Swift Spell: Starting at 6th level, a Hexblade can, once per encounter, cast any spell with a cast time of one standard action or less as a swift action. He gains an additional use of this ability every four levels thereafter.
Aura of Unluck: This aura is constantly active, and is gained at 8th level. At 12th level and every 4 levels after, the miss chance increases by 5%, to 35% at 20th level.
Greater Hexblade's Curse: In addition to it's other affects, all enemies within a 10' burst of the initial target take a -2 penalty, as if they had been hit with the standard Hexblade's Curse.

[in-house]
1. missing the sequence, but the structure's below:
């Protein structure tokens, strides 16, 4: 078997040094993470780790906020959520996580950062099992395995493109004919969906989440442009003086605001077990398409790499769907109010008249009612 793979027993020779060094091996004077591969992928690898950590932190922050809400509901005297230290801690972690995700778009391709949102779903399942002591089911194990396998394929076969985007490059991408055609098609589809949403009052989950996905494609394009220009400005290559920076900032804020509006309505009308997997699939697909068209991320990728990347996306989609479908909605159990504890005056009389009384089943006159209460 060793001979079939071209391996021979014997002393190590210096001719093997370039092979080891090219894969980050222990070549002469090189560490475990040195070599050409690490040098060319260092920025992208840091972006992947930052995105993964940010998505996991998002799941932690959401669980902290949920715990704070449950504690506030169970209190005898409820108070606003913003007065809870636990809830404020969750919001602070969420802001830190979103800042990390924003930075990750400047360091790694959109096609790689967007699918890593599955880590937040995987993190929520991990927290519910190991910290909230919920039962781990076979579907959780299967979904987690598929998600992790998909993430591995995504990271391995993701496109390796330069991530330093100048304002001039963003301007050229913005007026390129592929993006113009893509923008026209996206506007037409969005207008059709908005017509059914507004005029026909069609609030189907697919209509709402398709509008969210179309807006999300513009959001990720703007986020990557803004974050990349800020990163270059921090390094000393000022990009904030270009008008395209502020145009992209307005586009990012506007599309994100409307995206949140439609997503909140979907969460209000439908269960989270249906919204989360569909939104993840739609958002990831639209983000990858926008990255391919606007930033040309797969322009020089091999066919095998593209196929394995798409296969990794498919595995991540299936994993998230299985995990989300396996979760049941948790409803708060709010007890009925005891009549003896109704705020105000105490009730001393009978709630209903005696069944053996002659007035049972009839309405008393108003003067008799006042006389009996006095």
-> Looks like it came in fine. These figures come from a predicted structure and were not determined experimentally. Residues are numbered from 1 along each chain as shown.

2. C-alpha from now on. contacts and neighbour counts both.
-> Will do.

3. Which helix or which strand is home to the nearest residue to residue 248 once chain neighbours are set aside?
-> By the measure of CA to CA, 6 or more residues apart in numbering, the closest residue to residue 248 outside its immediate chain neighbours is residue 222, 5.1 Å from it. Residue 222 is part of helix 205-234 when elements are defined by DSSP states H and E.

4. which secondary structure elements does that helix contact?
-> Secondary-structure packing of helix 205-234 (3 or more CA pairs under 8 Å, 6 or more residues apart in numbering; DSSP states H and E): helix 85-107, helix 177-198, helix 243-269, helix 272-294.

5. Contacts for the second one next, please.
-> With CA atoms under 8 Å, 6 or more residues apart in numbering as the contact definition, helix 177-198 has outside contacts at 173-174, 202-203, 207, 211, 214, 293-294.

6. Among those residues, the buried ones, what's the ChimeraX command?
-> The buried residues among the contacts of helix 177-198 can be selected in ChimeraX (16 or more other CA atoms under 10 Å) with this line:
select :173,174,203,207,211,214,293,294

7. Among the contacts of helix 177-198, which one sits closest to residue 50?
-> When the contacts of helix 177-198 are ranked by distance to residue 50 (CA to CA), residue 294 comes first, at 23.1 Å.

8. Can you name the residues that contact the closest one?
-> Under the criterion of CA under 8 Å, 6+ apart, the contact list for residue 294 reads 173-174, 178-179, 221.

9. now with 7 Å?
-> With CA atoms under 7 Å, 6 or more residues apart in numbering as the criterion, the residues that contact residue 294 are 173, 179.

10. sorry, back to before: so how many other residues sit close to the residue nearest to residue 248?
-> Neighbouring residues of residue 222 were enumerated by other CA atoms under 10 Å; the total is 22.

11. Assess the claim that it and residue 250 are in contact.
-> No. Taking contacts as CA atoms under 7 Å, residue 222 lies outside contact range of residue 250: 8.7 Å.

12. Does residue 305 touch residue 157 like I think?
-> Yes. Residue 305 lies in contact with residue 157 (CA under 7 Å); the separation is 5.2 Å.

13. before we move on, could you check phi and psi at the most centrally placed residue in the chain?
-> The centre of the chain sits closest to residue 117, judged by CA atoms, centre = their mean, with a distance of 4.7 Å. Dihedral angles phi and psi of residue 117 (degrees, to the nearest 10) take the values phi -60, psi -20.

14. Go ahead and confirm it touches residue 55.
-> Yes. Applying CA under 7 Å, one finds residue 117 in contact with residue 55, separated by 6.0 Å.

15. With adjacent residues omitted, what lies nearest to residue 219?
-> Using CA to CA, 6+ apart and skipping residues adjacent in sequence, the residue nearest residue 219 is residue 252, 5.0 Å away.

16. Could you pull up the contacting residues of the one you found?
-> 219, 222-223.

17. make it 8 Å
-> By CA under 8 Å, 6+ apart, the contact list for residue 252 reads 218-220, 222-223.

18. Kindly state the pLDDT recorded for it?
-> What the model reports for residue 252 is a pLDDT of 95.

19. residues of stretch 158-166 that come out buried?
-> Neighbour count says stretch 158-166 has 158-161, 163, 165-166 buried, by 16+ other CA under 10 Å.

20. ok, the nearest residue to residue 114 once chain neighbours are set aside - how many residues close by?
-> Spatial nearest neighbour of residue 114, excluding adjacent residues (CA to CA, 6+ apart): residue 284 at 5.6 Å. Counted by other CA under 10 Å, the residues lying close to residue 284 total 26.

Dire Hexblade's Curse: In addition to it's other affects, all enemies within a 10' burst of the initial target take a -4 penalty, as if they had been hit with the Greater Hexblade's Curse, and all enemies within 30' burst (but not within the 10' burst) take a -2 penalty, as if they had been hit with the standard Hexblade's Curse.
Spells: Hexblades add the following spells at the listed level to the list of Hexblade spells they can cast:
1: Enlarge Person, Wraithstrike, Remove Scent, Swift Expeditious Retreat, Net of Shadows, Serene Visage, Blood Wind, Master's Touch
Some Hexblades choose to focus their arcane potential almost solely into their curses and aura of unluck, though they do retain a nominal spellcasting ability.
Hexblade’s Curse: Each time a Curse Caster uses his Hexblade's Curse, he can choose to affect two separate targets (or two separate areas if he has the Greater or Dire curse) without consuming an additional use.